Then something wonderful happened.

Physicians stopped working for a moment and picked up the phone. For many, it was the first time they had ever called a Senator's office.  For others, the first time they had written one.

Here's a few examples from Twitter:

For US Senators in Washington DC (or their staffers), it was also the first time they had heard from front line working physicians rather than physician-lobbyists knocking on their door.  Weren't working physicians supposed to just be "excellent sheep?"

But there they were: a pediatrician calling over her lunch hour, a family practice doctor taking a few moments between patients, or a cardiac electrophysiologist ("What's that?" they asked) reading EKGs and calling.

From all over the country.

It was almost as if you could hear them asking, "Why are these doctors calling?  What do you mean there's an anti-trust suit pending?  I thought they wanted this SGR Reform! What is this MOC thing anyway?"

(Click to enlarge)

Last night we had a group meeting of some forty cardiologists in our practice.  Everyone listened politely to the administration explaining their new initiatives, new plans for growth, things we could do better, how the SGR Reform Bill, HR2, had passed.  Doctors listen politely. But there was a buzz in the air.

Younger doctors were questioning if MOC was still part of the bill. They were questioning the regulatory establishment, wondering if they should join the American College of Cardiology if they supported the passage of HR2 that included MOC. Questioning.  Reenergized. Hopeful.

Practicing doctors might not have won the battle to stop the ABMS Maintenance of Certification program from being incorporated into our new health care law, or for parts of the program being used as a medical registry for physician reporting purposes in H.R. 2.  But the other night they won something much better: they learned that they weren't powerless.  They remembered that being  "accountable" for peoples' lives is very different than being "accountable" for dollars.

Thanks to all who raised a voice, wrote a letter, and took a stand against MOC.  I can't tell you how great it was to see so many physician nationwide come together so quickly to stake a stand on this remarkably divisive and corrupt program that extends, like a hydra, throughout our entire health care system.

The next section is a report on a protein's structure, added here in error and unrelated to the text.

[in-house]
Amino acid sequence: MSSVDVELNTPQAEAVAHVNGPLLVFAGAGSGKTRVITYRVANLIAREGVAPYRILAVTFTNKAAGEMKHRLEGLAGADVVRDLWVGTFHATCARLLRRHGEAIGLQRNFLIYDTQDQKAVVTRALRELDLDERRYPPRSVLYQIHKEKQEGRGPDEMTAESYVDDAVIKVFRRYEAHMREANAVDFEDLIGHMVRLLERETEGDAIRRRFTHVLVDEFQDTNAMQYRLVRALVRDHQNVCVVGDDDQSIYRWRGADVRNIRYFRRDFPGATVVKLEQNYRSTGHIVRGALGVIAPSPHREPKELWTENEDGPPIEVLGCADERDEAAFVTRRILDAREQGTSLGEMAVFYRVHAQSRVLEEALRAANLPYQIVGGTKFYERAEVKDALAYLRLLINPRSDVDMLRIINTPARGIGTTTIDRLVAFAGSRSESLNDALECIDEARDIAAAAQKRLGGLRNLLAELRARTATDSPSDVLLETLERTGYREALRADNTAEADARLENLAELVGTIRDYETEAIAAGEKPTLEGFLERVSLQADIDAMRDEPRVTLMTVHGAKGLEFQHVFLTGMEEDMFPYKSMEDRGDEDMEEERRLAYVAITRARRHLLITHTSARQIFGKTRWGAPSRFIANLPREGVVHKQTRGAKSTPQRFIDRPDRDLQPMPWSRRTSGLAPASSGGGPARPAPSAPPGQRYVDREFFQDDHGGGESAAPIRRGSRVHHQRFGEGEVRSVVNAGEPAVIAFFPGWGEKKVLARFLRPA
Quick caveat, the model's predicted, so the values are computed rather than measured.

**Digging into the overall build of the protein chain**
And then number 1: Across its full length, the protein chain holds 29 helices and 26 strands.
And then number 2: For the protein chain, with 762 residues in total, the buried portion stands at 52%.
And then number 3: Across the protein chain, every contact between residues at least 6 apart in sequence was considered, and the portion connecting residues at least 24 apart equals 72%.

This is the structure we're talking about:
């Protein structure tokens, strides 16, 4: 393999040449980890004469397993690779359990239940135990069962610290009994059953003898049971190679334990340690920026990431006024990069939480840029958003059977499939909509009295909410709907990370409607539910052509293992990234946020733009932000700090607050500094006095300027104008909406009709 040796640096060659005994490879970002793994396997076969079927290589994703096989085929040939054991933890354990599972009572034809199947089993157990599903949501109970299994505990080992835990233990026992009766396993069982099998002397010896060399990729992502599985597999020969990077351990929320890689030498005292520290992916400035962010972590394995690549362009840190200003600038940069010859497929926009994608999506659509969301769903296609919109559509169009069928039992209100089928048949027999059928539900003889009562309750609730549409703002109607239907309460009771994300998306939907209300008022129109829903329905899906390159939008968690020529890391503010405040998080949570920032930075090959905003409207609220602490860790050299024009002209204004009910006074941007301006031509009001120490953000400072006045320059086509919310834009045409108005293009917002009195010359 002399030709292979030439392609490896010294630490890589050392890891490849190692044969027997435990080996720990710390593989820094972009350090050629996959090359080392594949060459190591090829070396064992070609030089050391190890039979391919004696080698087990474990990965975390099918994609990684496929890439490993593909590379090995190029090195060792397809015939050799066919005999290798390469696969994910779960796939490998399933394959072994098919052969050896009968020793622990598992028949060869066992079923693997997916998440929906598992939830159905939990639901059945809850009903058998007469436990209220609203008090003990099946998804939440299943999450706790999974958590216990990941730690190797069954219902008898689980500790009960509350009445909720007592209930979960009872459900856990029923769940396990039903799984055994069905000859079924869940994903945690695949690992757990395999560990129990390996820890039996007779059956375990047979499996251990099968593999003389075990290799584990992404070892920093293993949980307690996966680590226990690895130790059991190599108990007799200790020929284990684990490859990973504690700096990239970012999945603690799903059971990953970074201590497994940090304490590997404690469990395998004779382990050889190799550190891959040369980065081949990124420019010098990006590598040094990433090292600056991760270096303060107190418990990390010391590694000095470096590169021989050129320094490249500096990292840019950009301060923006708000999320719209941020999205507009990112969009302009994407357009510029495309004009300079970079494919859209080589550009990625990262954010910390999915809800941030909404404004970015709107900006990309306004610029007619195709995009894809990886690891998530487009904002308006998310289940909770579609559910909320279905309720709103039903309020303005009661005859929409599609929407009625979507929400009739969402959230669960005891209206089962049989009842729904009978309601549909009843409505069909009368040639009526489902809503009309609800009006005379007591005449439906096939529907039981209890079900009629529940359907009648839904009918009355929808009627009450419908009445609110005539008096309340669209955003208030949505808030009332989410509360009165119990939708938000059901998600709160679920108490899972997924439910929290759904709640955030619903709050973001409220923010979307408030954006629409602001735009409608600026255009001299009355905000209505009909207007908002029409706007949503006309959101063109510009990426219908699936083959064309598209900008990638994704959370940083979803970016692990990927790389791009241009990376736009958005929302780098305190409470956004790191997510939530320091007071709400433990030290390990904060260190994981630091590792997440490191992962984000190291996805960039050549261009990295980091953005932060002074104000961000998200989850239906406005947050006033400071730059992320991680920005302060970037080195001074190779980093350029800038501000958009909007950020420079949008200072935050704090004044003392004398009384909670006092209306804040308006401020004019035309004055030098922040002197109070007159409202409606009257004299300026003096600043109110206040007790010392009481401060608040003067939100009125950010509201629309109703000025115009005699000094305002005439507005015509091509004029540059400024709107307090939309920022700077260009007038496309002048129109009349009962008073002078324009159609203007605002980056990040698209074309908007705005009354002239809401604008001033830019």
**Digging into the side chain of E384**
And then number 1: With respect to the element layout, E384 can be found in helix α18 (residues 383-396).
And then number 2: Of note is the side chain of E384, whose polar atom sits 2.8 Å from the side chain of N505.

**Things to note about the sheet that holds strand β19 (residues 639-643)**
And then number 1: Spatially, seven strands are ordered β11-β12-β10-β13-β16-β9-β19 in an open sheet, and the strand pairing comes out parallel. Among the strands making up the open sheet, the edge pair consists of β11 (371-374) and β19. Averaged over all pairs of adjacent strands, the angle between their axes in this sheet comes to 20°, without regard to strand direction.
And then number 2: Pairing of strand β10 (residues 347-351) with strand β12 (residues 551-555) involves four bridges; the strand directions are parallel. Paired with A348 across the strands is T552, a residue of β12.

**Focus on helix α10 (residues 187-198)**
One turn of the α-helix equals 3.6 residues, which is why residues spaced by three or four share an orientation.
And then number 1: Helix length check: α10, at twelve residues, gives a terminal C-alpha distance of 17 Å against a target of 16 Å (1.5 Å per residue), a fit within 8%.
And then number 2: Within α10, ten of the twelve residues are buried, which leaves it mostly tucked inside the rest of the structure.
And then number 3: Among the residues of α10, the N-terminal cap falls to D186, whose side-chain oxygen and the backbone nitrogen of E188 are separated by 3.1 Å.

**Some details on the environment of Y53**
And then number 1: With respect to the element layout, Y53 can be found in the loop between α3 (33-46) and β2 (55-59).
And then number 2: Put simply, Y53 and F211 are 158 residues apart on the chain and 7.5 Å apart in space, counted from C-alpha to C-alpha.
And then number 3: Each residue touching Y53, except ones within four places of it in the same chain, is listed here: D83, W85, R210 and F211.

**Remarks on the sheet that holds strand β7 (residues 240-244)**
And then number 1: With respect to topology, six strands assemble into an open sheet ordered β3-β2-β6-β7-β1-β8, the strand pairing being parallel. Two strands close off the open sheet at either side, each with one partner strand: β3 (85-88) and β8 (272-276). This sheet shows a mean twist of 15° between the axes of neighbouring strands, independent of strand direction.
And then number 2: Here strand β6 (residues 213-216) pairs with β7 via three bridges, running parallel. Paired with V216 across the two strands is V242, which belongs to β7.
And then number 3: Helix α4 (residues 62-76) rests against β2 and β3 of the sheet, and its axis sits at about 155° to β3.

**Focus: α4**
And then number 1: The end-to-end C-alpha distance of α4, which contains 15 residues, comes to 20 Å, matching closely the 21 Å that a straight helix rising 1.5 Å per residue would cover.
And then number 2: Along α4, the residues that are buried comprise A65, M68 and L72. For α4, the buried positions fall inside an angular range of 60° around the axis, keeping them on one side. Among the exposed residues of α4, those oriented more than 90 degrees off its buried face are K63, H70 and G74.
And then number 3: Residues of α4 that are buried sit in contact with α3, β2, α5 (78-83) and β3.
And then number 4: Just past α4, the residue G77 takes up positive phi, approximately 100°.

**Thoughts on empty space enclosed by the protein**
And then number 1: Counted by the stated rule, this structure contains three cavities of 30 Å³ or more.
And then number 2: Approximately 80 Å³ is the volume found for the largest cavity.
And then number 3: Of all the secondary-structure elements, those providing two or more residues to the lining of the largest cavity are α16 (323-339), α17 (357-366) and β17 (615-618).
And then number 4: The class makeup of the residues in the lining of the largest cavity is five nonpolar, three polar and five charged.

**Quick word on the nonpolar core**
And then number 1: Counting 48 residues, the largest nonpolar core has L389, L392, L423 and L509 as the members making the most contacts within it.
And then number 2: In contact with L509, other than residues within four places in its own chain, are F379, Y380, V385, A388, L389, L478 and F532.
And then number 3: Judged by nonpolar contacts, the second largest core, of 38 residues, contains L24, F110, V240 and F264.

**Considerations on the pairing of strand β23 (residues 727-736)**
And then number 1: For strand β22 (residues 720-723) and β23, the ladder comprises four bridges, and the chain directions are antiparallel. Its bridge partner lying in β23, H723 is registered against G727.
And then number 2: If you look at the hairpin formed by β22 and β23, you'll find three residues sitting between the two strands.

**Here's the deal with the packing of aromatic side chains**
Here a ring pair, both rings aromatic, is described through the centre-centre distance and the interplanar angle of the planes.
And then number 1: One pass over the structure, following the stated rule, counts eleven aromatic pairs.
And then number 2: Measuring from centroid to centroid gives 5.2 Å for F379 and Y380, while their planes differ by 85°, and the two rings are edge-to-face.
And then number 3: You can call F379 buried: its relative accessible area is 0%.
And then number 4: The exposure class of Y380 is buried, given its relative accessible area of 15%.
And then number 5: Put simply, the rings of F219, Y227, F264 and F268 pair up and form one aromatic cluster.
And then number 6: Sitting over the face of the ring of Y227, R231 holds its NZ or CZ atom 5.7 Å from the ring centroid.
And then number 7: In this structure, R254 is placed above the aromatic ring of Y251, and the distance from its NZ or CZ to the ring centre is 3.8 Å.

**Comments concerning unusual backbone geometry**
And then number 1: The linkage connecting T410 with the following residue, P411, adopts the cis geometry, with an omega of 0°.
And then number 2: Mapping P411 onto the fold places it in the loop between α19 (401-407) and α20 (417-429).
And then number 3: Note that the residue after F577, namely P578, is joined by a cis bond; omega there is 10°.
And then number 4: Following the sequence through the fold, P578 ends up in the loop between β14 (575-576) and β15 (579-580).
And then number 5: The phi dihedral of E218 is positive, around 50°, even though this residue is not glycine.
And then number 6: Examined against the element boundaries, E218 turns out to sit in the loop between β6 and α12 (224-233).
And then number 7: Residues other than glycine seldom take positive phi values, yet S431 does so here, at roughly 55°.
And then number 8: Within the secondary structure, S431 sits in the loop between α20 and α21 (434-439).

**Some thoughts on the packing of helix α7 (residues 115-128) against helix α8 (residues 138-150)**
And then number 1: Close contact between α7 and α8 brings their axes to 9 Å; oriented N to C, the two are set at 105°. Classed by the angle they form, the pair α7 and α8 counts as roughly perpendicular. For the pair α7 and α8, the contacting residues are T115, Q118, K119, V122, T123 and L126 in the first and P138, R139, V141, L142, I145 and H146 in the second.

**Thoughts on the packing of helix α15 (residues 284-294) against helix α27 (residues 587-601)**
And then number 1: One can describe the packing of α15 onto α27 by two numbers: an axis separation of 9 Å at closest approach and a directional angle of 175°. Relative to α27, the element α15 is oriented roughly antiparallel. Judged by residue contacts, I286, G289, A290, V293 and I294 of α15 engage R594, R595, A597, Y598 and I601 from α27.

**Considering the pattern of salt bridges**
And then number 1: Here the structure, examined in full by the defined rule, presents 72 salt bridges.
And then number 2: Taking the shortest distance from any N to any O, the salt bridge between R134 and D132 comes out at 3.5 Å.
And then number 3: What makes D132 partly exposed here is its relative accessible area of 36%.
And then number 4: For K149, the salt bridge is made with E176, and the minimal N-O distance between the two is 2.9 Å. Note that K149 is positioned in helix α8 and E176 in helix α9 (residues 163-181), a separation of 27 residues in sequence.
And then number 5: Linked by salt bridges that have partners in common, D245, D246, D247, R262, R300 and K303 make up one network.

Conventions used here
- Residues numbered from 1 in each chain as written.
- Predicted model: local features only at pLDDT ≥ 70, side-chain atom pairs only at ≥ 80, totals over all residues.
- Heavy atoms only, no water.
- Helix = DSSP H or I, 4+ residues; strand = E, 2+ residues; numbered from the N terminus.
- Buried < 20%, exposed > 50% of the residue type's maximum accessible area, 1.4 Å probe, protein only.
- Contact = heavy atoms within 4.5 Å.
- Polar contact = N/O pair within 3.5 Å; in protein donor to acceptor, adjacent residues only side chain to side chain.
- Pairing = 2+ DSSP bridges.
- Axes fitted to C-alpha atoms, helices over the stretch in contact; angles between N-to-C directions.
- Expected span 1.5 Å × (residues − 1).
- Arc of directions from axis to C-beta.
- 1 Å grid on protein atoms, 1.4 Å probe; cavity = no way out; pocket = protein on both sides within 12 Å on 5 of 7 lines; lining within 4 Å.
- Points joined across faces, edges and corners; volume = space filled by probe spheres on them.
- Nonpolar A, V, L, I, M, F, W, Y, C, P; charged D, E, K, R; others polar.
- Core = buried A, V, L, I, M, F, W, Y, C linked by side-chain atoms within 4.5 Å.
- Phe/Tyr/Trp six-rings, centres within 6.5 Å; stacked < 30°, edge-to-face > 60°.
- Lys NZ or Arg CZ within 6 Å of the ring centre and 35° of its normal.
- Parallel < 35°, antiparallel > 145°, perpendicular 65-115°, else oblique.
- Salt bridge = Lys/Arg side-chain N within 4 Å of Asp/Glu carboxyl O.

We have have good reason to smile.

Congress and the public now know about it too.


Tuesday, April 14, 2015

Why Journalists Need Maintenance of Certification

Well, well, well, this little blog got a mention in the New York Times Well health care blog last evening in a post entitled "Board Certification and Fees Anger Doctors" by Joshua Krisch.  Too bad what really upsets doctors is not certification, but the proprietary RE-certification monopoly known as the ABMS "Maintenance of Certification" (MOC) program. At least the post includes a dashing public relations photo of Richard Baron, MD, the president and CEO of the American Board of Internal Medicine (ABIM) sporting a neatly-pressed casual sport coat with a hipster purple shirt while he appears to be earnestly conversing with a "board service" representative. 


While the article fairly disclosed some of the issues that bothers physicians, it was remarkably devoid of what really irks physicians, especially the egregious and corrupt financial transactions of the ABIM uncovered on this blog in December 2014.  Follow-up investigations have found that the ABIM repeatedly funneled $30.6 million to their separate non-profit, the ABIM Foundation that is lead by the same officers between 1998 and 2007.  It appeared this transfer of "grants" was used to supplement an investment portfolio that had already exceeding $55 million and included a $2.3 million condominium complete with a chauffeur-driven Mercedes S-class town car, and leadership conferences at 5-star hotels.  All while the ABIM was bleeding cash and growing a deficit from negative $10 million to negative $43 million.

More recently, even more concerning allegations regarding the ABIM's financial and tax disclosures were revealed by veteran journalist, Kurt Eichenwald of Newsweek. So it goes without saying that I was disappointed that Mr. Krisch failed to mention or investigate any of these financial dealings of the ABIM in his reporting.

Clearly, it appears journalists need Maintenance of Journalism Certification, too.

You see, the public demands such certification. After all, an Institute of Journalism Report published in 1999 showed that journalism errors contribute to 999,000 over-treatments and approximately 5000 deaths each year.  Beyond quality, subscribers need to be assured they're getting "value" from their costly annual New York Times subscription.

Fortunately, a new American Board of Journalism Specialties (ABJS) exists to assure quality journalism that not only meets, but exceeds, societal standards. The ABJS has assembled a whole host of subspecialty member boards with salaries commensurate with the medical subspecialty board executives to establish credentials for each category of US journalism.  These include the American Board of Health Care Journalism (ABHCJ), the American Board of Finance Journalism (ABFJ), The American Board of Business Journalism (ABBJ), the American Board of Entertainment Journalism (ABEJ) , the American Board of Sports Section Journalism (ABSSJ), and the American Board of Weather Reporting Journalism (ABWRJ) and the American Board of Style Journalism (ABSJ).   Each member board nominate speciality advisors who provide content for the once-every-ten-year high-stakes secure examination that assures quality reporting in each journalism category.  Literature supporting the benefits for Maintenance of Journalism Certification is second to none. While the costs are different for each category of journalism, they harmonize well with prices set by the American Board of Internal Medicine's MOC program. Furthermore, the examination occurs in industry-standard computerized Pearson Vue Testing Centers that promise comfort and security with the finest of palm reads and cavity searches prior to testing.